There are a few grains of optimism. The Iraqi security forces have shown "real improvements," the report asserts, even though they are unlikely to be able to assume greater responsibilities and battle Shiite militias successfully in the next 12 to 18 months.

And the assessment says that some developments "could" help to reverse the downward spiral: broader Sunni acceptance of the political structure; concessions by Shiites and Kurds to "create space" for Sunni acceptance; and "a bottom-up approach" to help mend frayed tribal and religious relationships.

But prospects for better relations between Shiites and Sunnis are clouded by the Shiites' deep feelings of insecurity spawned by decades of subordination by the Sunnis under Saddam Hussein — and the Sunnis' lack of respect for the central government and reluctance to accept their minority status now. Moreover, the Kurds, while "willing" to take part in building a new Iraq, are reluctant to surrender the autonomy they have achieved recently, the report says.

The Kurds are a particular concern to Turkey, which does not want Iraq to disintegrate and is determined to eliminate the safe haven in northern Iraq for a Turkish Kurdish terrorist group, the assessment notes. But while neighbors of Iraq, especially Iran and Syria, "influence and are influenced by" events in Iraq, they probably do not have enough strength to stabilize Iraq because that country's "internal sectarian dynamics" are self-sustaining, the documents states.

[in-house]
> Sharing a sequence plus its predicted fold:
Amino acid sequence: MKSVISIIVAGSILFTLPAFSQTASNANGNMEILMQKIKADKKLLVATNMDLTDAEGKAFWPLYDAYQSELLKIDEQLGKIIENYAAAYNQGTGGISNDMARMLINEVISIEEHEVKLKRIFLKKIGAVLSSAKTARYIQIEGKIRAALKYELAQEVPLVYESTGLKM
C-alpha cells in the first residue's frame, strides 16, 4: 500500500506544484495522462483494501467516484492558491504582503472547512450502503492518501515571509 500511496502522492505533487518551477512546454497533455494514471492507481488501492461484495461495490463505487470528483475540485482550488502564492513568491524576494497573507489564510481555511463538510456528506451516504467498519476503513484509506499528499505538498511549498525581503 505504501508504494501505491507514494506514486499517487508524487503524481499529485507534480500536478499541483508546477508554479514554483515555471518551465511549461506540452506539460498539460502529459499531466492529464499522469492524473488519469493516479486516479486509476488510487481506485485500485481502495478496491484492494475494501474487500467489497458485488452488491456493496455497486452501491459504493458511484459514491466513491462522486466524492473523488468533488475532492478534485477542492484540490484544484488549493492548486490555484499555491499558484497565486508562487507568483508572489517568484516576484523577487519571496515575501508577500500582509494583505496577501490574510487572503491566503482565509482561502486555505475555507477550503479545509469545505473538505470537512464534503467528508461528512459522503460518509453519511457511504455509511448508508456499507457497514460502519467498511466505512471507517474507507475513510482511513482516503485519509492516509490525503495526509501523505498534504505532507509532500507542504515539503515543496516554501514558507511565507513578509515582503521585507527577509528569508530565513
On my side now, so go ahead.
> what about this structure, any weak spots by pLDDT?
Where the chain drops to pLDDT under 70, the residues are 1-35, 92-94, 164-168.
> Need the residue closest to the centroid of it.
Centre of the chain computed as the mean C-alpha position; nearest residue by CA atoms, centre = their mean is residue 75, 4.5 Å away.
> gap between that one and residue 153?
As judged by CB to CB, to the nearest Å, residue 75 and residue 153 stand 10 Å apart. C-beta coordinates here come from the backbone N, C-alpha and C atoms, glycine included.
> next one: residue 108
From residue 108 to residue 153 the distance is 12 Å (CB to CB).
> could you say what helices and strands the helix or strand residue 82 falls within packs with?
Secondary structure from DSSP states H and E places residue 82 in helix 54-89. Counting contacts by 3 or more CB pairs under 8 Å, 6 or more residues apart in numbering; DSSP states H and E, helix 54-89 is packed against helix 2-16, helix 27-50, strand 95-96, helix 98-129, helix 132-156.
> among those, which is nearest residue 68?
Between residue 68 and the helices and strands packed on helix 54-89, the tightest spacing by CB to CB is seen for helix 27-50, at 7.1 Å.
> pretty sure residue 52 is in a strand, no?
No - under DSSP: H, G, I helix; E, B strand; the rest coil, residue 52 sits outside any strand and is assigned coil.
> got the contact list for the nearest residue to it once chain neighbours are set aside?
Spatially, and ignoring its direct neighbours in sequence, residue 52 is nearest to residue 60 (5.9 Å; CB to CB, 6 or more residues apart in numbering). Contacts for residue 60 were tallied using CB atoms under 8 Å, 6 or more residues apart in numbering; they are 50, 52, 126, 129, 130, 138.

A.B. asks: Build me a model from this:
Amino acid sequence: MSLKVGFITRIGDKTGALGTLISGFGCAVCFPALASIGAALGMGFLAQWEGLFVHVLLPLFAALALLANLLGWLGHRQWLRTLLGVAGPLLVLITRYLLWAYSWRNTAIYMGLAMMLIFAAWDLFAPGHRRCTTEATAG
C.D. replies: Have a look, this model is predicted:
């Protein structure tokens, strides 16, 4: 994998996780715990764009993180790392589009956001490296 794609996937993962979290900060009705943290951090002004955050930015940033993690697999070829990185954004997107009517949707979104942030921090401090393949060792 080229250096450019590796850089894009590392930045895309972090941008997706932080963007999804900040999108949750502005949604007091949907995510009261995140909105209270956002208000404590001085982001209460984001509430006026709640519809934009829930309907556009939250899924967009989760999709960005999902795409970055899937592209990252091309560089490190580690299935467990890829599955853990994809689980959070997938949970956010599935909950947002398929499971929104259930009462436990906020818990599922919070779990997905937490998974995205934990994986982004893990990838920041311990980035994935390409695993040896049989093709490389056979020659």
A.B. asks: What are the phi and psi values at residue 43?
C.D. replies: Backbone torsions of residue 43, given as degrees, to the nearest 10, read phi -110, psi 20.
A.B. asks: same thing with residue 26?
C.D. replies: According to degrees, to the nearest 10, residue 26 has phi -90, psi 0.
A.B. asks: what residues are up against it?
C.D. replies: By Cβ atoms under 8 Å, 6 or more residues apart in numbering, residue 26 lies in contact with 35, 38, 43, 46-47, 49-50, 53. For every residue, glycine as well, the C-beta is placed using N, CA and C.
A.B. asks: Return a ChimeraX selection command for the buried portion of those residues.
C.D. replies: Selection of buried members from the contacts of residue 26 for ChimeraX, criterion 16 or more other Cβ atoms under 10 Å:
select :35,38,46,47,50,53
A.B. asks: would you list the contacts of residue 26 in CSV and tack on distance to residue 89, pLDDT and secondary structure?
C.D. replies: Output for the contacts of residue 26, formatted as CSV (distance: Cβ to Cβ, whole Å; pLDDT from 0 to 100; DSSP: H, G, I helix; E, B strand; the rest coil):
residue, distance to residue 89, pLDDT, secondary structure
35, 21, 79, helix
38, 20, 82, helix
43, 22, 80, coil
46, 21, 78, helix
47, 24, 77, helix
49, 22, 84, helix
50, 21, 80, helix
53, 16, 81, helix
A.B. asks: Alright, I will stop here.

The report says Iraq could break apart "with grave humanitarian, political and security consequences" through a deadly mix of sectarian killings, assassinations of political and religious leaders, and the complete Sunni repudiation of the government. Moreover, it says, many professional and entrepreneurial Iraqi people have already fled their country.

Should the worst happen and the country fall apart completely, the assessment sees three possible outcomes, all dire. The first possible outcome of widespread fighting could produce "de facto partition" into "three mutually antagonistic parts" and spawn "fierce violence" among Shiites, Sunnis and Kurds for years. A second possibility is that a new strongman could emerge, a Shiite this time, instead of the new democracy envisioned by the Bush administration. Finally, there could be anarchy, with resulting instability and bloodshed.

John O'Neil contributed reporting.

4th U.S. chopper goes down

An American Apache attack helicopter was shot down Friday just north of Baghdad and both crew members were killed, an American military official said, Marc Santora reported Baghdad.

It was the fourth U.S. helicopter to crash in two weeks, a disturbing trend that military commanders acknowledged had them concerned.

General Peter Pace, chairman of the Joint Chiefs of Staff, said that attacks by militants have "been more effective against our helicopters in the last couple of weeks."